Scott Boyers is taking a gamble that’s rare these days: He’s developing a high-end condo project.
He’ll soon break ground on the Tiber, a 15-condo development near Libbie and Grove avenues that will cost about $8 million to build.
Condos at the property, located at 510 Libbie Ave., will run between $600,000 and $1 million.
“This project bucks the current economic trends by appealing to an affluent buyer, less affected by winds of the economy, who sees the advantages of acting now to secure their place,” said Boyers, a developer and a broker with CBRE.
Construction on the project will begin early next spring. It’s a joint effort between Boyers and local builder John George, who will be the general contractor on the project.
As is required for condo projects, the Tiber last week registered with the state, meaning the units can begin to be sold. Berkeley Fergusson and Jennifer Fergusson of Long & Foster will be the real estate agents marketing the homes.
New condo projects have been scarce in the Richmond area since the economy tanked, but this year developers have started to dip their toes back in the water.
In April, BizSense reported that Gumenick Properties was restarting its stalled Monument Square project, betting that shortage of condo inventory had created a pent-up demand.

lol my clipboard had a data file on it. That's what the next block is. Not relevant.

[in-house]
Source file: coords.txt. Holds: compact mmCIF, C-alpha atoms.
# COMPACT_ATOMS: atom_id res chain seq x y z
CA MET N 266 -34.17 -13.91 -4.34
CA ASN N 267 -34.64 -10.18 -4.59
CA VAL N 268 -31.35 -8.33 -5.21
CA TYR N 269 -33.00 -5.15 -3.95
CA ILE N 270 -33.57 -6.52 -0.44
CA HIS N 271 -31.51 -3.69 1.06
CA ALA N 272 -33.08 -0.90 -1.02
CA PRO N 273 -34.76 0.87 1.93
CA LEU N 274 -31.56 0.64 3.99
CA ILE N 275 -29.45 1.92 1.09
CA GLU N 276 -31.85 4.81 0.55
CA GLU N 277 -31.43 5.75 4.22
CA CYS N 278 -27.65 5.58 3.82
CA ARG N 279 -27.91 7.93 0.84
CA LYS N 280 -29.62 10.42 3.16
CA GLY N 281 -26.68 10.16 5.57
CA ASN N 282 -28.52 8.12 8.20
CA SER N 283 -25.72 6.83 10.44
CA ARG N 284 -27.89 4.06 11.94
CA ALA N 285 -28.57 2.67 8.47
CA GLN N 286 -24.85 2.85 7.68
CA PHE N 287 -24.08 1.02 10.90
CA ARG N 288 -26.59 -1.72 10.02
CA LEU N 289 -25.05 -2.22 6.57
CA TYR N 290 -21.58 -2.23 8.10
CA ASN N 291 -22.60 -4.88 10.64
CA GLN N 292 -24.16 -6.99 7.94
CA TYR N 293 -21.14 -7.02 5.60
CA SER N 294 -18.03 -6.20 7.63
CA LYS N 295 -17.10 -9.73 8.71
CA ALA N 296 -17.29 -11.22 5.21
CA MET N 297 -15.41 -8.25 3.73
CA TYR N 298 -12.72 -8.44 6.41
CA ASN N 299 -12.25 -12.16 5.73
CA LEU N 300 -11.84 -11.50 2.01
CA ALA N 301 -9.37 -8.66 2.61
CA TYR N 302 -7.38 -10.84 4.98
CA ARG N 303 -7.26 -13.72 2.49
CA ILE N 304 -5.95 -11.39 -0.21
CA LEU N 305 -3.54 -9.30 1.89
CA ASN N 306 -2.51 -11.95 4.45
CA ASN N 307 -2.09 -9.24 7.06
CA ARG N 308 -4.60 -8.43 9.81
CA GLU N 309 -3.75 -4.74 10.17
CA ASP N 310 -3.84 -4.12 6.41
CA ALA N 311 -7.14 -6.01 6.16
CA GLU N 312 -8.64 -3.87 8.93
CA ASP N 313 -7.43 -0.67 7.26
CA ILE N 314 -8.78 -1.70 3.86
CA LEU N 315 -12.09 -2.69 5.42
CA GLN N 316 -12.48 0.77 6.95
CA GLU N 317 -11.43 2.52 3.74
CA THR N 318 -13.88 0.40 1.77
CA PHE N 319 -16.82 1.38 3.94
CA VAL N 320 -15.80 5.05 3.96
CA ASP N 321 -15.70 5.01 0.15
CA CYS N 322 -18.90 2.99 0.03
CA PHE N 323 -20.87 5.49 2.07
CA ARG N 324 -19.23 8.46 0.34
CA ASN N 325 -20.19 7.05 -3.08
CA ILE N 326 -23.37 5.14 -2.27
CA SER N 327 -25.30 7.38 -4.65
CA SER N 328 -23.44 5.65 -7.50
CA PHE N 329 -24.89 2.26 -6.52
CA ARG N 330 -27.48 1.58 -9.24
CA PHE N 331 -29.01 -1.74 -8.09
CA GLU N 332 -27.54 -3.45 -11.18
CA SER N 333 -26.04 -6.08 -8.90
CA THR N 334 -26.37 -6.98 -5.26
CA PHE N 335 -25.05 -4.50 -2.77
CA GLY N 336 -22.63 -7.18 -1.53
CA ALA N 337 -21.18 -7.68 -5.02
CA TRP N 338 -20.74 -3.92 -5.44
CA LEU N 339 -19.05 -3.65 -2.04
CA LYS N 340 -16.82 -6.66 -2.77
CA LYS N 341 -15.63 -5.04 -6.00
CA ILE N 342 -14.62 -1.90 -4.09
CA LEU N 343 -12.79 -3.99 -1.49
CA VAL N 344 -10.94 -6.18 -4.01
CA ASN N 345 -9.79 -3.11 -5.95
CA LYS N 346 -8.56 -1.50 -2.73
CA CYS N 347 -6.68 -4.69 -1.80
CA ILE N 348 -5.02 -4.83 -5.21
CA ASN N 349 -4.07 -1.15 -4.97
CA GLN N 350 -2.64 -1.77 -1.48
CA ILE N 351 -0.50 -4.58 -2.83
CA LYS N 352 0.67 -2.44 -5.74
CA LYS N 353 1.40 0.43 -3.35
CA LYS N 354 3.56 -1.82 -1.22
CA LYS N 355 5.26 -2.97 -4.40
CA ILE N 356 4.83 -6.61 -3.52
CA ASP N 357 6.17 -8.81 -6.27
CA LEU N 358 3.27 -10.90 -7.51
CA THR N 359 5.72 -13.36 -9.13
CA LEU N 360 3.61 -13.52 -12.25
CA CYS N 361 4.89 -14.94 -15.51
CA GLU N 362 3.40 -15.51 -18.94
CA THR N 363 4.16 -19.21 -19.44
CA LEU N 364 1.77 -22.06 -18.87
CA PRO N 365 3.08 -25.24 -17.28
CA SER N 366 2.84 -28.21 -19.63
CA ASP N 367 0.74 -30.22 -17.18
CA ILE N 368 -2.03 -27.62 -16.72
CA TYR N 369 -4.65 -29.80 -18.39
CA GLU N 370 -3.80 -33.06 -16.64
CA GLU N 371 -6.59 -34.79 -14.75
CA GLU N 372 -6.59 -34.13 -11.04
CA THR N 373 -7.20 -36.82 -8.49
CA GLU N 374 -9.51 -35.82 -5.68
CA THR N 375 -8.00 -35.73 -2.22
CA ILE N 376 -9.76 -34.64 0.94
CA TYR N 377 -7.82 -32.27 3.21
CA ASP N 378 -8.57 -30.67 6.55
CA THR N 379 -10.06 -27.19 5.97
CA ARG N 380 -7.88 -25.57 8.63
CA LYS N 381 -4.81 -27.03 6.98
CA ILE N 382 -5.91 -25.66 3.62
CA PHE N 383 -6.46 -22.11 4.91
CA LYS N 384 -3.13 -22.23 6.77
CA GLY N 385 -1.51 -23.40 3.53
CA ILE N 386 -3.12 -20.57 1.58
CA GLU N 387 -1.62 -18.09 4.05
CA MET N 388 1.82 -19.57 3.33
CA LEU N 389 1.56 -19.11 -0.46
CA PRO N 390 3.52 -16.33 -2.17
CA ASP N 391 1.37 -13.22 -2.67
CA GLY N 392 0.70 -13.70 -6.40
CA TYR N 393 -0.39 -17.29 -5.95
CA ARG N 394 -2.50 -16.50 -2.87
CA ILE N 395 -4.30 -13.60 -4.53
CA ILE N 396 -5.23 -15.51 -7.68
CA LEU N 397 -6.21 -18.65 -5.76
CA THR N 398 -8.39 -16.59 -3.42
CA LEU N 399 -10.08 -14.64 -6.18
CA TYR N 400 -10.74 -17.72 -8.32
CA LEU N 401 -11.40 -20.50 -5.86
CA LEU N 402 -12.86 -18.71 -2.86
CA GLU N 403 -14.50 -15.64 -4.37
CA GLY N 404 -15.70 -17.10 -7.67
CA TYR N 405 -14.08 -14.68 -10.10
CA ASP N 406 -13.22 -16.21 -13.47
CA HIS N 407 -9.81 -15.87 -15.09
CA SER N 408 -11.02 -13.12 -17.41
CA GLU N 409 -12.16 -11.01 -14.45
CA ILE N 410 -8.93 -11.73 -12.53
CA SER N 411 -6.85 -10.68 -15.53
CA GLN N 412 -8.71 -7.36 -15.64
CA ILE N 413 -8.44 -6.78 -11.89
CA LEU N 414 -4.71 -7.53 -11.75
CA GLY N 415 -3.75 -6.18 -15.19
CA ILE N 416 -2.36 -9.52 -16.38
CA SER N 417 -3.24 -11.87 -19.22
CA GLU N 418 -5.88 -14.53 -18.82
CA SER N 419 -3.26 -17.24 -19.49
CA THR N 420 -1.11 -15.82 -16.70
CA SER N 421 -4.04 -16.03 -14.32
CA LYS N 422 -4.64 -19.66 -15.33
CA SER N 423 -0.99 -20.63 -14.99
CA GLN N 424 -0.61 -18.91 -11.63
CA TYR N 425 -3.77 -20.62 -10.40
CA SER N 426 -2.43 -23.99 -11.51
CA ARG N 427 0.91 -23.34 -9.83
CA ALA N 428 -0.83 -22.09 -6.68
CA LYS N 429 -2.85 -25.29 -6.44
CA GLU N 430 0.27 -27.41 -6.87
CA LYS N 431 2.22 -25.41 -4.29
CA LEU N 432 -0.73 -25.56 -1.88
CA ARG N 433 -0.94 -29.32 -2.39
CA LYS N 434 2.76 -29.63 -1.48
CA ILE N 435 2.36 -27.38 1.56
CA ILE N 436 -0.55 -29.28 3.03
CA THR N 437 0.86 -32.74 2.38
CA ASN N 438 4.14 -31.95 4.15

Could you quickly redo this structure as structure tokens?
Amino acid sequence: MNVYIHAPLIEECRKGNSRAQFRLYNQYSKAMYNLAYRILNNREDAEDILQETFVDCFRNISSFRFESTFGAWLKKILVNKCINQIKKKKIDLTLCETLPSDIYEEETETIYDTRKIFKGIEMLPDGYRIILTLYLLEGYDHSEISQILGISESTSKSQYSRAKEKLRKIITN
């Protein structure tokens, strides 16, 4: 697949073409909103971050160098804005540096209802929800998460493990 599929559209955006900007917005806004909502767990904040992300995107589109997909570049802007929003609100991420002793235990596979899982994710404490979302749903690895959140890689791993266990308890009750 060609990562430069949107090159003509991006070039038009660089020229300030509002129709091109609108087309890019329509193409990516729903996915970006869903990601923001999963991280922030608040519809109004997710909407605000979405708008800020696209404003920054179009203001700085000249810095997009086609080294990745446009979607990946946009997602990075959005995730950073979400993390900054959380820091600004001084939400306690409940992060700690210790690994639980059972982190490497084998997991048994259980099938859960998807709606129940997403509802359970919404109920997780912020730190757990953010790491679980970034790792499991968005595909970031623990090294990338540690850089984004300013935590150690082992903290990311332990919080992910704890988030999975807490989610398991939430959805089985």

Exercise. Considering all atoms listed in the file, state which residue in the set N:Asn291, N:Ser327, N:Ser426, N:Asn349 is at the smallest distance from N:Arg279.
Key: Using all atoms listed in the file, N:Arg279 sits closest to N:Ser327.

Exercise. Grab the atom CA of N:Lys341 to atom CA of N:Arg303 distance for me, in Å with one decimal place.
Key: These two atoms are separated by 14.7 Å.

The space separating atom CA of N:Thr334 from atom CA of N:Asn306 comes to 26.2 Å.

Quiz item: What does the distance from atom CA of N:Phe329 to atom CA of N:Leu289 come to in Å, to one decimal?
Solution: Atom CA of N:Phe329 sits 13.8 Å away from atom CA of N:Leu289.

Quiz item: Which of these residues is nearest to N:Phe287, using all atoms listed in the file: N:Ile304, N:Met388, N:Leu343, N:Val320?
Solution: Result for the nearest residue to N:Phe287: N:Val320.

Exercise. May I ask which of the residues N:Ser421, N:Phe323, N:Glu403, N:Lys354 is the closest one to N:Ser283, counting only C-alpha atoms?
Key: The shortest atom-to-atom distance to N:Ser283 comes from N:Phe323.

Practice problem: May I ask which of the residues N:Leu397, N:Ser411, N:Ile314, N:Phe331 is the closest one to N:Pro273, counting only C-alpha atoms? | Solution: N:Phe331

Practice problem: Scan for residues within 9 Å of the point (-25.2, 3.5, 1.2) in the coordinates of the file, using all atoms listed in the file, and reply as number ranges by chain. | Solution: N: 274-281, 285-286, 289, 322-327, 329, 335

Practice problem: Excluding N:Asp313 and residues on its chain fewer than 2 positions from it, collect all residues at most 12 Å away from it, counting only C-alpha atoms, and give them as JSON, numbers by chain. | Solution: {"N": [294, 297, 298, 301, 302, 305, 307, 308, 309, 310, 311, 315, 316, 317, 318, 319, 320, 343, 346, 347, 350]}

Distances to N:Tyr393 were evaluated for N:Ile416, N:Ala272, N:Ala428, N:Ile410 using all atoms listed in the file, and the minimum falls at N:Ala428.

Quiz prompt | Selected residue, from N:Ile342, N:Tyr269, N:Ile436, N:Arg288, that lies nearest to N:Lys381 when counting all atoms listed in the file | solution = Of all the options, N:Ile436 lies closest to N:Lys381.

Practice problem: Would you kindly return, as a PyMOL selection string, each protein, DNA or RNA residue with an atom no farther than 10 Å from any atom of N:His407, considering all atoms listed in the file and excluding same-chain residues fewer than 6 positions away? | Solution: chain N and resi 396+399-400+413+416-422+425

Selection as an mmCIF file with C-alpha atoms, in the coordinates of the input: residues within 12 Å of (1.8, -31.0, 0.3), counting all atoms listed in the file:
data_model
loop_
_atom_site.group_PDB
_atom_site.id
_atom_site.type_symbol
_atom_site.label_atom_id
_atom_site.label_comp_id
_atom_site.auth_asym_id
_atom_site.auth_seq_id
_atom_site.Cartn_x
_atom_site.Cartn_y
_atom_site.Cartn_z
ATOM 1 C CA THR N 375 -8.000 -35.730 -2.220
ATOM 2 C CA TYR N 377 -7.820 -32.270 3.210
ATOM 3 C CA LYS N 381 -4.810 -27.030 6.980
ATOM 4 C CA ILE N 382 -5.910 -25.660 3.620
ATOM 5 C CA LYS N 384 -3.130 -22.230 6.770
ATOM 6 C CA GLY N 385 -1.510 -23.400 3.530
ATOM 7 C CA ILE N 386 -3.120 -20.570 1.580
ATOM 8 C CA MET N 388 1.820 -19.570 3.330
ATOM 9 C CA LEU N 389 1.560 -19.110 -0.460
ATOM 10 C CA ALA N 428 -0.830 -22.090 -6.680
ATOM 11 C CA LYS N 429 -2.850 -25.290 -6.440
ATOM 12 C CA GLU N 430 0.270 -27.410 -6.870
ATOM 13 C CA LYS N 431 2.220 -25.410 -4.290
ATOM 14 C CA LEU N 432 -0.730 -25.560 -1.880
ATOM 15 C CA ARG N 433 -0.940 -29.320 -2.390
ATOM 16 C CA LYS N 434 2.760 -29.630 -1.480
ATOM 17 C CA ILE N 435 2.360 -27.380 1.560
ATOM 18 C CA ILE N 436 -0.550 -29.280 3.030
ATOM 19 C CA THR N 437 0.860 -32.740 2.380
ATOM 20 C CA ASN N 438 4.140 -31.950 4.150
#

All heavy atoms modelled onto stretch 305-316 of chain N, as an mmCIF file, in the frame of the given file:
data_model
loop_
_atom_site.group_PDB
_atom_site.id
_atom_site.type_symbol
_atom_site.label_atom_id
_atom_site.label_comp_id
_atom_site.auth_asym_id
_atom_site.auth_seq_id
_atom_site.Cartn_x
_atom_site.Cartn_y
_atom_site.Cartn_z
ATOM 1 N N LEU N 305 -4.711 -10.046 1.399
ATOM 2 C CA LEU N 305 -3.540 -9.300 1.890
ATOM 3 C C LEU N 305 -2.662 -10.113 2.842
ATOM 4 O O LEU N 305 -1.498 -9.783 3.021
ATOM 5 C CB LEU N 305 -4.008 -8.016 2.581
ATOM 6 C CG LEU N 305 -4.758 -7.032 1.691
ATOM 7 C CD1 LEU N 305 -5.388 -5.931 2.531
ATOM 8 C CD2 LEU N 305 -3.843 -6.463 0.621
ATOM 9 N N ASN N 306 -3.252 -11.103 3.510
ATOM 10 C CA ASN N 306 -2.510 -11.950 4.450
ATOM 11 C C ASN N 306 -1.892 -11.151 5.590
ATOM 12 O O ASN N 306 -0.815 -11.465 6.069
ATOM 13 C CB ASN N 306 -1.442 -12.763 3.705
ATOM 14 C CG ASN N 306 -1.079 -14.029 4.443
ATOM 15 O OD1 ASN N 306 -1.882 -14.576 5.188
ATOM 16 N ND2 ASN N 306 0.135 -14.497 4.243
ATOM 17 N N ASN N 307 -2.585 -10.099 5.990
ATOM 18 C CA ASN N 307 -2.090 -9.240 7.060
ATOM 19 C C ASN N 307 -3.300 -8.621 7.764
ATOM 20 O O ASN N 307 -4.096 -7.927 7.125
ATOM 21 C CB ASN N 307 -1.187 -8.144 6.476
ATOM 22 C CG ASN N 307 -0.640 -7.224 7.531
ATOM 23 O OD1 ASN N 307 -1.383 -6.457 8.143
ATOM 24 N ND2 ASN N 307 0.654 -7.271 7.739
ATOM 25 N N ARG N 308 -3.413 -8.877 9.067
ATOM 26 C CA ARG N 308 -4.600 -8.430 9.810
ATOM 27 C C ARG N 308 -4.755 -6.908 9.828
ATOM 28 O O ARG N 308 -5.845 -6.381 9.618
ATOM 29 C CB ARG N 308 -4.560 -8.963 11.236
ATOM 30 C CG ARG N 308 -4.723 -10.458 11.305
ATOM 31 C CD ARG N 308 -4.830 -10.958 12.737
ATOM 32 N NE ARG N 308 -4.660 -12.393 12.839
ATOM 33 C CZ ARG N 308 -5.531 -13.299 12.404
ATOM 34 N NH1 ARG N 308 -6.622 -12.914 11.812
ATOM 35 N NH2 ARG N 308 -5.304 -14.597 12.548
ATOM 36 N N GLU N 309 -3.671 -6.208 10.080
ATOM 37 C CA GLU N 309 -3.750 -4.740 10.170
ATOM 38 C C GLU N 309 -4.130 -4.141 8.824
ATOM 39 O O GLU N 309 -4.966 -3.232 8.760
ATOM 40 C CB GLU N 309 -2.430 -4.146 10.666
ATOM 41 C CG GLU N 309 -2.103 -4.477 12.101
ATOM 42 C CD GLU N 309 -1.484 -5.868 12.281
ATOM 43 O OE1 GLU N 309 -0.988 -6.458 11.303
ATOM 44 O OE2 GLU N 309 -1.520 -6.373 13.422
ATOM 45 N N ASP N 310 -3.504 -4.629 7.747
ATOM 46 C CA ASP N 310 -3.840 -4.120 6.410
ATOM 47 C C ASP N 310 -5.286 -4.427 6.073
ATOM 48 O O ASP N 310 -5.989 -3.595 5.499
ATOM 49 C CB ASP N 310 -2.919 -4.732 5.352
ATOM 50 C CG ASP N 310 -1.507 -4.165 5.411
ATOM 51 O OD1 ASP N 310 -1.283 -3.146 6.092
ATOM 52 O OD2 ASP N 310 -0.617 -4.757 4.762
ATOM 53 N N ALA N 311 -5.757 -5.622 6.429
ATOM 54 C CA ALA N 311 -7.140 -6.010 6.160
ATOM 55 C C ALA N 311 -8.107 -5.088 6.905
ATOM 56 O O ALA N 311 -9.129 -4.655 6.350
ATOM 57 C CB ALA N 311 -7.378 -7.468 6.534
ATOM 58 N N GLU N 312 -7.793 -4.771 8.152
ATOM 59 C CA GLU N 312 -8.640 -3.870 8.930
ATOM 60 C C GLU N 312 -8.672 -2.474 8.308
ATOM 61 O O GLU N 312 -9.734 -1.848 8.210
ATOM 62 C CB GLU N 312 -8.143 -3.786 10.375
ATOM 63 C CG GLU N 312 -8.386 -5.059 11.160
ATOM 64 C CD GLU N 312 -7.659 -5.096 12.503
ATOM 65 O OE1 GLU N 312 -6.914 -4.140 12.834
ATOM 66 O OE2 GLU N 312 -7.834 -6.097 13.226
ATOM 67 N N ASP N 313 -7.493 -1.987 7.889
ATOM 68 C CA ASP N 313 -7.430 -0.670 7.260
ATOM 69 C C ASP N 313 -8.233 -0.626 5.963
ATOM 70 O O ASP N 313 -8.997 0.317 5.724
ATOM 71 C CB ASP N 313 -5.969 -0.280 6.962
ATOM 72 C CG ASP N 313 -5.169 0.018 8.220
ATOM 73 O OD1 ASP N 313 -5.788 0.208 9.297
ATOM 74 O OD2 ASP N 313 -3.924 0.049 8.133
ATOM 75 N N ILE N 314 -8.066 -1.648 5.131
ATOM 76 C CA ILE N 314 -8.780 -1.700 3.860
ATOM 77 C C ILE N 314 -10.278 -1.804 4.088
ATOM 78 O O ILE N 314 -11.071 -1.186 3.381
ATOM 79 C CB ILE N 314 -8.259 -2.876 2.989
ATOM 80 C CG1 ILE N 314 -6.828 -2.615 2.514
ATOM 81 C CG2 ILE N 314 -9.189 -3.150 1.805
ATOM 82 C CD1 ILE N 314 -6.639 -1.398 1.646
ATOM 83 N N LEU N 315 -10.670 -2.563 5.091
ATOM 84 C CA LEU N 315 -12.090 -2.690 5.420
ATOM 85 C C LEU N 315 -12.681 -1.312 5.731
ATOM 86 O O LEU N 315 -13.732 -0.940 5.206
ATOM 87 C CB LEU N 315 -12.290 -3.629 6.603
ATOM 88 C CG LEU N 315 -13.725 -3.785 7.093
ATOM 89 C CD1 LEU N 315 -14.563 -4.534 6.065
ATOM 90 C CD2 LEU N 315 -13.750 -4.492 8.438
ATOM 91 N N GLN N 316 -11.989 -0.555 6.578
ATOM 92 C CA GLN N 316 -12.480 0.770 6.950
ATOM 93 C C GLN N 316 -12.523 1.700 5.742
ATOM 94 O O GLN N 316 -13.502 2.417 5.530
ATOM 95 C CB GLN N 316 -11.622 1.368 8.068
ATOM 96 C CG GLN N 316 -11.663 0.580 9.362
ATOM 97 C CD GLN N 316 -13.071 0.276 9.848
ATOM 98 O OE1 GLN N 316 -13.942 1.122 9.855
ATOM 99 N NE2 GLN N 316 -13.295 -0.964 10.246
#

Rick Jarvis, a broker with One South Realty, said One South has sold about 10 condos in the 69-unit Ginter Place project in recent weeks. Jarvis said One South is negotiating closings on two more condos there, which will bring the development to more than half full.
In February, well-known local businessman Jim Ukrop sold almost $5 million of his stake in a local bank in order to pay off a construction loan at Ginter Place to help get things moving again.
Financing for buyers of condos has been hard to come by since the real estate bust because the values of the units have fallen so dramatically. That left banks hesitant to lend on such properties. Jarvis said condo values have fallen by about 30 percent since the downturn.
But Jarvis said Boyers’s latest project is likely to succeed because of the location and the prices.
“For that kind of a project, the buyers will likely have just sold a house and will have some equity,” Jarvis said. “In fact, some of them will just be buying them in cash, and that eliminates the financing headache all together.”